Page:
A colleague set me the challenge of considering whether it was possible to teach writing to greater depth. I went back to the research which informed our Writing For Pleasure pedagogy and found a couple of articles which looked specifically at gifted and talent writers to see what they had to say. I also used a few pieces of literature on good writing teaching to help me. The pamphlet below provides information and practical advice on what I found out. For references, please see the end of this pamphlet.
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When I was ten and a new pupil at secondary school, I wrote my first set homework assignment for R.E. – a recount of the one of the seven plagues of Egypt. After a few days my book came back with the comment (in a mean little script written in red pen): Is this all your own work? Mortified, because it was my own work and I’d written it like a story, with my usual enthusiasm and emotional investment, I approached the teacher on the pretext that I hadn’t been able to read her comment. “Well,” came the reply, “it was so vivid.” I said I had written it myself, but I could see she didn’t believe me. To this day I still feel the injury to my early strong sense of myself as a writer, and the need I had to own and assert my talent, though of course in those days, when the teacher was the ultimate authority figure, it didn’t make any difference to her judgment.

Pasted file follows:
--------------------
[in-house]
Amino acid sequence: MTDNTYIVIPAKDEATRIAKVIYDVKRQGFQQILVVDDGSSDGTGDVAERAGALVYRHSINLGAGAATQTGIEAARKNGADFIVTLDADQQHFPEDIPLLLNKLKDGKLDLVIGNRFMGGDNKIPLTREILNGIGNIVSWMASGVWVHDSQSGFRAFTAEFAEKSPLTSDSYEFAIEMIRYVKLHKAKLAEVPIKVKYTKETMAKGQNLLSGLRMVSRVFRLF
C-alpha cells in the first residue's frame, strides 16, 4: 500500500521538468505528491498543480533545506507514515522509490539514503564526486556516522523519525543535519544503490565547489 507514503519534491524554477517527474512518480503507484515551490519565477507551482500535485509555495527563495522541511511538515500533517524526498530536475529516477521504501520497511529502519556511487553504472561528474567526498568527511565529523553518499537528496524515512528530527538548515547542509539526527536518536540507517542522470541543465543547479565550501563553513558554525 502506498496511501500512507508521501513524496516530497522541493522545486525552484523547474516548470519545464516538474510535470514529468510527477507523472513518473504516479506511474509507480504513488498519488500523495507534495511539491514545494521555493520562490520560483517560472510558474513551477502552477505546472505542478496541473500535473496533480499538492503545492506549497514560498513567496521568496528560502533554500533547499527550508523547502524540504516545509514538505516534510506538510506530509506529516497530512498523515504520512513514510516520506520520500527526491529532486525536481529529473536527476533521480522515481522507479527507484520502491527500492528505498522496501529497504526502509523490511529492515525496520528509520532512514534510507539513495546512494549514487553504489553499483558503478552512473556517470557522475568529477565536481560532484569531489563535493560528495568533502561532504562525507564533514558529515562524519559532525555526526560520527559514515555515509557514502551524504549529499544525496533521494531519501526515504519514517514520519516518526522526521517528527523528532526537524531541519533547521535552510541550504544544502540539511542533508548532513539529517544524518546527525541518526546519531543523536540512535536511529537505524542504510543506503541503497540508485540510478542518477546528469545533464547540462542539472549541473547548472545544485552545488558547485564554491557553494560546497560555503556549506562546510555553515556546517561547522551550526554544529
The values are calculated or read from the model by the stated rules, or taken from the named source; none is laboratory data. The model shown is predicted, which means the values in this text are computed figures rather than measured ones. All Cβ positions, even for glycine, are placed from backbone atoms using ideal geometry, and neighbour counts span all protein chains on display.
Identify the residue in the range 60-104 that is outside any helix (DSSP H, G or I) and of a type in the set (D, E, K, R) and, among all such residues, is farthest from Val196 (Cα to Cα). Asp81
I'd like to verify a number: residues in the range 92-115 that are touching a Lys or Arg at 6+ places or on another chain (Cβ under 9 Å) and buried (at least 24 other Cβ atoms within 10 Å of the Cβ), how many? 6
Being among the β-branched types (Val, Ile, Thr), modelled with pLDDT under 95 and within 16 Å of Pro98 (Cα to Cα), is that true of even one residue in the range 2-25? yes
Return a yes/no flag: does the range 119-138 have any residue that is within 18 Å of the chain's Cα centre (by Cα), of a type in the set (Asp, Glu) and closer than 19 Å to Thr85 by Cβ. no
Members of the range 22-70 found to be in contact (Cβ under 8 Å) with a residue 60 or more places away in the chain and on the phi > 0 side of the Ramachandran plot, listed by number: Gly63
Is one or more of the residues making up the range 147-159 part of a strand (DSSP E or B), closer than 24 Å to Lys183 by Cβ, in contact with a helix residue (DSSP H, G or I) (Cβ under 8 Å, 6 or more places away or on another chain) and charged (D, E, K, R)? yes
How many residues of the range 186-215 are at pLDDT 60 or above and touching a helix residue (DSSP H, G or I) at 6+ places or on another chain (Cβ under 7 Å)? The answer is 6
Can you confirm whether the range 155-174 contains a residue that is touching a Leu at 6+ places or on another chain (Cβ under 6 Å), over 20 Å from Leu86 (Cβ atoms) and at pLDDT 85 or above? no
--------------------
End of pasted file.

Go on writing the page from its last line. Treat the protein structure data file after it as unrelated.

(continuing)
Continue reading “How you might teach greater depth writers.”